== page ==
Though they differ in many ways, John McCain and Barack Obama have one thing in common: Each sees the other as a posturing phony. When McCain talks about Obama on the stump, he trades his typical graciousness for sarcasm and contempt. When McCain lectured Obama about the future of Iraq last week, he did so with what The New York Times called "a tone of belittlement in his voice." McCain has also called Obamamania a swindle. "America is not deceived by an eloquent but empty call for change that promises no more than a holiday from history," he said in Wisconsin last month. And he has huffed that "I don't seek the presidency on the presumption that I am blessed with personal greatness." After Obama issued a press release last May noting that conditions were still dangerous enough in Iraq that McCain had been forced to wear a "flack jacket" during a public tour of a Baghdad market, a McCain release taunted Obama for his inexperience, adding, "By the way, Senator Obama, it's a 'flak' jacket, not a 'flack' jacket." For good measure, an unnamed McCain aide drove home the point to the Politico, saying that "Obama wouldn't know the difference between an RPG and a bong."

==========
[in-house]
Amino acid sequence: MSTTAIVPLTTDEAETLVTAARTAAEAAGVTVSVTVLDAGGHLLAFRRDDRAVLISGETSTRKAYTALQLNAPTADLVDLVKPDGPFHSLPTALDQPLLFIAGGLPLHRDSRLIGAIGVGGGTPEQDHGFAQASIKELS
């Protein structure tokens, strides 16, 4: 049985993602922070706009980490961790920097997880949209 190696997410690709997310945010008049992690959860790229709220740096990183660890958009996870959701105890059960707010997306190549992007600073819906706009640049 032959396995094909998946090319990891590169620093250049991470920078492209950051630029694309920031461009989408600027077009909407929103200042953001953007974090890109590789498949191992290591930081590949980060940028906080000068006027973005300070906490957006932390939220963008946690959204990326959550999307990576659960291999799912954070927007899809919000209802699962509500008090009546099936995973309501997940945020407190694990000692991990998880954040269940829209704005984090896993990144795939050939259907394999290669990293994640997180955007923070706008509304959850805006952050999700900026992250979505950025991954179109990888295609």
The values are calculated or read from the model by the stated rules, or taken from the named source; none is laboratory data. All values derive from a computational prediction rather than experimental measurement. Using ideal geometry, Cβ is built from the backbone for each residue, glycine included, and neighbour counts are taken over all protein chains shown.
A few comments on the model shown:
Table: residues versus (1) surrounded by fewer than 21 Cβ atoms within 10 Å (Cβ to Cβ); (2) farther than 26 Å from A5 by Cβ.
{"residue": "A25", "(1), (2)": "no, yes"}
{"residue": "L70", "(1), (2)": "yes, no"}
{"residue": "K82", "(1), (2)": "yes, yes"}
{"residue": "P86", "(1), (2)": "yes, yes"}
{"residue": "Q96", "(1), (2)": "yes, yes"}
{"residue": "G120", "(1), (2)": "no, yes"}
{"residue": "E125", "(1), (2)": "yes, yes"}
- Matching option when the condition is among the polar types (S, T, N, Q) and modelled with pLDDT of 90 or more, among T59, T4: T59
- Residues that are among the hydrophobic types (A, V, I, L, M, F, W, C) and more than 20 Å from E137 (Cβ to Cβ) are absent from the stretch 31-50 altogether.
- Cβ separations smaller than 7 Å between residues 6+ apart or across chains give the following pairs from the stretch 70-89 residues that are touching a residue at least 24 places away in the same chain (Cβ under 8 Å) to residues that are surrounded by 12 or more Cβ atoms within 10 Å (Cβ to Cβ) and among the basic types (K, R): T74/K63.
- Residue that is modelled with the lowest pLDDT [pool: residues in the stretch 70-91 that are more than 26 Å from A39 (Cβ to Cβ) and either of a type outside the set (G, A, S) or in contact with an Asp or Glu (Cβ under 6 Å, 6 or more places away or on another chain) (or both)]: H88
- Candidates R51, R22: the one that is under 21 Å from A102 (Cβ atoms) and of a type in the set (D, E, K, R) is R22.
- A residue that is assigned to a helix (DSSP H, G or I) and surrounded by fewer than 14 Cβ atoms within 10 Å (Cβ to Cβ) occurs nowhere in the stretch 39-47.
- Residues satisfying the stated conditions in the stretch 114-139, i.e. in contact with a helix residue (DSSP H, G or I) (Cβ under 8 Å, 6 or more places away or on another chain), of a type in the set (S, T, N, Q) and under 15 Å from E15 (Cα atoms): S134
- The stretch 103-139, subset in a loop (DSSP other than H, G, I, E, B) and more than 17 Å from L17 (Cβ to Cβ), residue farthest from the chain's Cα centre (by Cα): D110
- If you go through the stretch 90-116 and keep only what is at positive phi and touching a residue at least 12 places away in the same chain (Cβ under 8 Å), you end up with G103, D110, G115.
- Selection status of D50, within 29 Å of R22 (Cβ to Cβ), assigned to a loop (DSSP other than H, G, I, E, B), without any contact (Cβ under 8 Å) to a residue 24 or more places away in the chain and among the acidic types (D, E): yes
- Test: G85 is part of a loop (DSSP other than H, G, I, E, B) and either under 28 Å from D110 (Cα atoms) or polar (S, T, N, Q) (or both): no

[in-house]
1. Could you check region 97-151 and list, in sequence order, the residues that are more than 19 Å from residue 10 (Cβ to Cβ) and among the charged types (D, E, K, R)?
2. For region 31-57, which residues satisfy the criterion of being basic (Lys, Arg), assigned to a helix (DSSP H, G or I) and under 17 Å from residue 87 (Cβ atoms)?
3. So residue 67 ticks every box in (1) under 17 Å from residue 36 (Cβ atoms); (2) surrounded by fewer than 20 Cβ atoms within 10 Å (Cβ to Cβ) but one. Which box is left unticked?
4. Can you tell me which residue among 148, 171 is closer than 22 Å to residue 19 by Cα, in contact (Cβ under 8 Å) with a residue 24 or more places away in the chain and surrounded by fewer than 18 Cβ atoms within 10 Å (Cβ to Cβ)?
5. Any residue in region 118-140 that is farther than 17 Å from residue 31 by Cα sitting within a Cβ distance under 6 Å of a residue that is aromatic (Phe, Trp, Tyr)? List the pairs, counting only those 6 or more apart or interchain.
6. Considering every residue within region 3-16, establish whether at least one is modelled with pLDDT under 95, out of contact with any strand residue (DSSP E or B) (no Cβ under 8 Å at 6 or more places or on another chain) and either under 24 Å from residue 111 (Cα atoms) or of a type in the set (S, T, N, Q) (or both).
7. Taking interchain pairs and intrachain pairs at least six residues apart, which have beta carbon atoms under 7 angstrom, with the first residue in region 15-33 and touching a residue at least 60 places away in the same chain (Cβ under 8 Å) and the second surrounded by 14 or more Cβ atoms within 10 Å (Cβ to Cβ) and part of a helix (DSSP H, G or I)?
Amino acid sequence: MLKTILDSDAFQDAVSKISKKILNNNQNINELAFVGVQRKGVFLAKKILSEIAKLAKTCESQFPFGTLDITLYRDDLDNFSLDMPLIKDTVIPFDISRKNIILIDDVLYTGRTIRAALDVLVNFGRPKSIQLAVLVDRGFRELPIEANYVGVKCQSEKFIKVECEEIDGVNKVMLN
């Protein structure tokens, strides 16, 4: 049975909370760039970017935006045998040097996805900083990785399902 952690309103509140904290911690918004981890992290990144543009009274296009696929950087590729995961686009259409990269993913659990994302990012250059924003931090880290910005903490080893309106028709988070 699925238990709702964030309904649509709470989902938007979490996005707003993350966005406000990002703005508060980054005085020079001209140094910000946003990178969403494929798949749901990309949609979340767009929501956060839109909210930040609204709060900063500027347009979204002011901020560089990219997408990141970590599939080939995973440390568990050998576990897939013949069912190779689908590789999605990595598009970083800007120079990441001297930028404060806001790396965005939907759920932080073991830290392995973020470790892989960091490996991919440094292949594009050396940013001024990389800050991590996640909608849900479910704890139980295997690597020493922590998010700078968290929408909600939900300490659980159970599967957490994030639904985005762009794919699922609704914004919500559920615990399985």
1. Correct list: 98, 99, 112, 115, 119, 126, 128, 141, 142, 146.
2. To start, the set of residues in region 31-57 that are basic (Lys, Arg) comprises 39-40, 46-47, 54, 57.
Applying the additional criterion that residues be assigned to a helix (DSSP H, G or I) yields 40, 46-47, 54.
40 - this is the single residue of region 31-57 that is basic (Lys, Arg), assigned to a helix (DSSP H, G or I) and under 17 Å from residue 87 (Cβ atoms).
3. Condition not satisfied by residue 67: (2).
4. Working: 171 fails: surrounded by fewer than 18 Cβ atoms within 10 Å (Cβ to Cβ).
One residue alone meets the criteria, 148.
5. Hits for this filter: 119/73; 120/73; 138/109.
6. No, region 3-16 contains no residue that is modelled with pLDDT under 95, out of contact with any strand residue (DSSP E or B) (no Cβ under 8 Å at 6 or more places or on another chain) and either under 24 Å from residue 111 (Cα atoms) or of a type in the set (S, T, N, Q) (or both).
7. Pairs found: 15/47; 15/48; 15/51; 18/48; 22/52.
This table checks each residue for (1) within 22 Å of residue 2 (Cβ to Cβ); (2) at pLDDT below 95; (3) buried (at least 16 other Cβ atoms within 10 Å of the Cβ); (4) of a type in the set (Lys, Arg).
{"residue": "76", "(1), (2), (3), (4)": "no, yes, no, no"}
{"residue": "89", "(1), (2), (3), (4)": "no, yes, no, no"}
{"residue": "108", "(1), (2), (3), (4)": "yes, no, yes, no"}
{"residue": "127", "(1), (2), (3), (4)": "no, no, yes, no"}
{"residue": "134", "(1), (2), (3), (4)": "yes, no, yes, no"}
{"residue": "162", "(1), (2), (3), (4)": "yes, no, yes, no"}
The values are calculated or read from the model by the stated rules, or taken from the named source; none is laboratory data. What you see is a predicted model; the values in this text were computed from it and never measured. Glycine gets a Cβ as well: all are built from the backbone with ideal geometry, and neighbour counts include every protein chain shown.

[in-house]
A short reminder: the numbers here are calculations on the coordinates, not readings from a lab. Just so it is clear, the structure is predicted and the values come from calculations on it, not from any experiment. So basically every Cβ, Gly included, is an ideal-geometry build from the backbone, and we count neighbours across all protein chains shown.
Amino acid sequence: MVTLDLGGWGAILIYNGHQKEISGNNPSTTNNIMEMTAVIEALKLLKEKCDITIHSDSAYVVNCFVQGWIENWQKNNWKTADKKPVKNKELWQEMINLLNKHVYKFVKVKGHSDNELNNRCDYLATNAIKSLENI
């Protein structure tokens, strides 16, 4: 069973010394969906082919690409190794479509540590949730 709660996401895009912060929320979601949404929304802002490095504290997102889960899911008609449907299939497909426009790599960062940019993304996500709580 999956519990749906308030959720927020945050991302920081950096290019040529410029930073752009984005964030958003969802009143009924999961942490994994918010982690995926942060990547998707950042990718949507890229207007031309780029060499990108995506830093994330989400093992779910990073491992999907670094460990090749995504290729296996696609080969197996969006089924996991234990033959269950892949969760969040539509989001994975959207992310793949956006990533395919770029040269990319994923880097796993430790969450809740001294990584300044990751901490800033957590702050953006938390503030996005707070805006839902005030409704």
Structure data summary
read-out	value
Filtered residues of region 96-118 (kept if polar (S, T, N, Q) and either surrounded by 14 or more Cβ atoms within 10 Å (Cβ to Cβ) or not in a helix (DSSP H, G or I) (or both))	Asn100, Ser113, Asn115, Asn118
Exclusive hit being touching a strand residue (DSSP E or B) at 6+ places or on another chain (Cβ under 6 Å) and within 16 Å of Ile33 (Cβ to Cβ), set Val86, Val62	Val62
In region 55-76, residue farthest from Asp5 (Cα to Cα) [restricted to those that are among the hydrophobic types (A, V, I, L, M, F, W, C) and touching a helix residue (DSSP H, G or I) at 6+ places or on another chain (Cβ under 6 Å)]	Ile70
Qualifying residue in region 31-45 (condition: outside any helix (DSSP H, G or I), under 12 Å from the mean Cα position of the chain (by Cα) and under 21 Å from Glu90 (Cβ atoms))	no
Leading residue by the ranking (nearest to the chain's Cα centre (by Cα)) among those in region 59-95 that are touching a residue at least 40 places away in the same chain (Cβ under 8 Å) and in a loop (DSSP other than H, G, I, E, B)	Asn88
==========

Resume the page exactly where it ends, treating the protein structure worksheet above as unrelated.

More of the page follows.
Obama has swung back in similar, if somewhat milder, fashion. Noting that McCain had changed his position on the Bush tax cuts, Obama joked last month that "the Straight Talk Express lost its wheels." Later, he cracked in a Democratic debate that McCain "traded his principles for his party's nomination." Snickering at the idea that McCain is a scourge of lobbyists, Obama recently said that "he takes their money and has put them in charge of his campaign."
It's little wonder that Obama and McCain would be casting each other as fakers. At the core of each man's political identity is the image of a reformer determined to take on and reshape the corrupt culture of Washington, D.C. To Obama, McCain is a fixture of that system, one whose reform talk belies his debts to the GOP establishment and its lobbyist machine. McCain, meanwhile, sees Obama as an upstart self-promoter whose talk about reform isn't matched by a record of hard work to achieve it. "In a weird sort of way, they're fighting over a change-and-reform mantle from two ends of the same argument," says Dan Schnur, a former senior aide to McCain. And that was never more obvious than in a 2006 clash between the men, well before Obama was even a candidate. That episode revealed the importance of reform to both men, but also the pitfalls they're finding as they walk the high ground.
IN FEBRUARY 2006, WASHINGTON WAS REELING from a wave of corruption scandals. Indictments had come down on Republican superlobbyist Jack Abramoff, House Majority Leader Tom DeLay, and Republican Representative Duke Cunningham. Congress polices itself as willingly as a child cleans his room, but the scandals had jolted both parties into action. Democrats saw ethics reform as a partisan issue that could help win back the House and Senate that November. Republicans, meanwhile, battled furiously to cast corruption as a nonpartisan story about the culture of Washington, not just their party.